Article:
Analysis: How green are the parties?

Almost all parties address environment in their platforms, but how important do they really think it is?

February 2, 2009 22:02
2 minute read.
Analysis: How green are the parties?

galilee green 298. (photo credit: Ariel Jerozolimski [file])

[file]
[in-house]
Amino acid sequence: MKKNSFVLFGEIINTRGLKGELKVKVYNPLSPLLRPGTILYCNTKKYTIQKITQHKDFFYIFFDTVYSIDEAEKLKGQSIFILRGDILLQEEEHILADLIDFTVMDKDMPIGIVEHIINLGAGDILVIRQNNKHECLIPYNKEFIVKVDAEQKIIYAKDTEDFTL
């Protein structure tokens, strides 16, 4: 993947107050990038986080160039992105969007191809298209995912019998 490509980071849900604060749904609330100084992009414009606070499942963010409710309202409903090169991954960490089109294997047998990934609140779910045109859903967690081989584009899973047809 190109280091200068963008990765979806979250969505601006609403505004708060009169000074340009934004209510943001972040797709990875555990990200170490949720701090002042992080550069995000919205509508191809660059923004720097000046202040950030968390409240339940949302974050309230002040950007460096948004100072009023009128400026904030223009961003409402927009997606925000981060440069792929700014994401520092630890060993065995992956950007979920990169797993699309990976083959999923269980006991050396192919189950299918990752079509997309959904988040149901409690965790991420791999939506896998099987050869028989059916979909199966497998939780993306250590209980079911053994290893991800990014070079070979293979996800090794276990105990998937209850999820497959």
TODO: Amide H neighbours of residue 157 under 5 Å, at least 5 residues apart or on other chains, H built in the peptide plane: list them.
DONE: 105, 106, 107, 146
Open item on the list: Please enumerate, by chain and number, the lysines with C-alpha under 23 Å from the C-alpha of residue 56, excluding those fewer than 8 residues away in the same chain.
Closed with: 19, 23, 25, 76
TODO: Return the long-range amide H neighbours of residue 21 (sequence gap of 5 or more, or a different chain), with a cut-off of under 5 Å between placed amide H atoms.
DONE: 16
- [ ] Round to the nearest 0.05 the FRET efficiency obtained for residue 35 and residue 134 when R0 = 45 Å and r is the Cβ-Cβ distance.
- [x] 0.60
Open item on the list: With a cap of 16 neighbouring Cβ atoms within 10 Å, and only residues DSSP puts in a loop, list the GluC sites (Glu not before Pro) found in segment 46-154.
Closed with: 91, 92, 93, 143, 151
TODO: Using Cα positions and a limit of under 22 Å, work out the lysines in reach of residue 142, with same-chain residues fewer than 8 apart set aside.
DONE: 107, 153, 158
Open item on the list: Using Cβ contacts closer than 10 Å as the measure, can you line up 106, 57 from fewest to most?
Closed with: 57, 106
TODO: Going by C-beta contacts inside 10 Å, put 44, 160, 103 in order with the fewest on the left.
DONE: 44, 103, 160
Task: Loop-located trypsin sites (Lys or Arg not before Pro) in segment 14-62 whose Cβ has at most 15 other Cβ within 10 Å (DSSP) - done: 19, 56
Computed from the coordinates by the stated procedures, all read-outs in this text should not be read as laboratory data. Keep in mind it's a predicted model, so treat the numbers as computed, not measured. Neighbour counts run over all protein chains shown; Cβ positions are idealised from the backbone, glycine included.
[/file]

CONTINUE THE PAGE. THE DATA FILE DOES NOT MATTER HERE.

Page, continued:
Almost every party addresses the environment in its platform in some form or another, something that indicates the political echelon is aware of the issue's importance. But just how important they think it is, as well as how specific their plans to deal with it are, varies tremendously. Let's set a barometer of the big environmental issues and see how the parties stack up, leaving aside for the moment the environmental parties such as the Green Movement-Meimad and the Greens. Roughly speaking, the big issues are: energy, water, pollution, waste disposal and recycling, open spaces, green building, climate change and transportation. Almost all the big parties supported open spaces, green building and alternative energy. Of the big four - Likud, Kadima, Labor and Israel Beiteinu - the Likud stood out for the brevity and generality of its environmental platform. While touching on some of the standard issues like energy, pollution and green building, the platform fails to provide any specific goals. Somewhat surprisingly, the platform does say the Likud will fight to prevent a second coal-burning power plant in Ashkelon - something absent from the platforms of both Kadima and Labor. Kadima's platform is much more specific on environmental issues and touches on far more of them. It proposes plans for sustainable development, water management, public transportation and cleaning up the beaches, among others. However, it lacks any mention of an increase to the Environmental Protection Ministry's budget or the creation of additional government institutions devoted to the issue. That lack is perhaps not surprising considering that the current government under the leadership of Kadima has done neither. Labor, on the other hand, has declared its intention to secure the environment portfolio in any coalition of which it is a part (presumably from here on out, since Kadima has held that portfolio in the current coalition) and to double the ministry's budget. It also proposes the creation of an environmental cabinet similar to the socio-economic cabinet and other sub-cabinets. Labor's platform also sets out environmental goals that are much more specific and detailed than are Likud's, and to a certain extent Kadima's. In an apparent sign of the issue's importance to the party, Labor will also sign an environmental convention on Tuesday pledging its commitment. Israel Beiteinu's platform actually devotes a number of paragraphs to its environmental vision. They hit most of the big issues, but don't go into detail. The religious parties (Shas, Habayit Hayehudi, National Union) all make token mentions of the environment, mostly focusing on green building, protecting nature and reducing pollution. However, they offer little more than declarations about general laws which would be passed to protect the public. Among the smaller parties, Meretz and Hadash's platforms stand out. Each lays out a comprehensive and detailed environmental agenda. Traditionally, Meretz has always had an environmental slant, while the 17th Knesset's most prolific environmental legislator, Hadash's Dov Henin, no doubt had a hand in writing his party's environmental platform. Most of the parties' platforms can be found online at their campaign Web sites.

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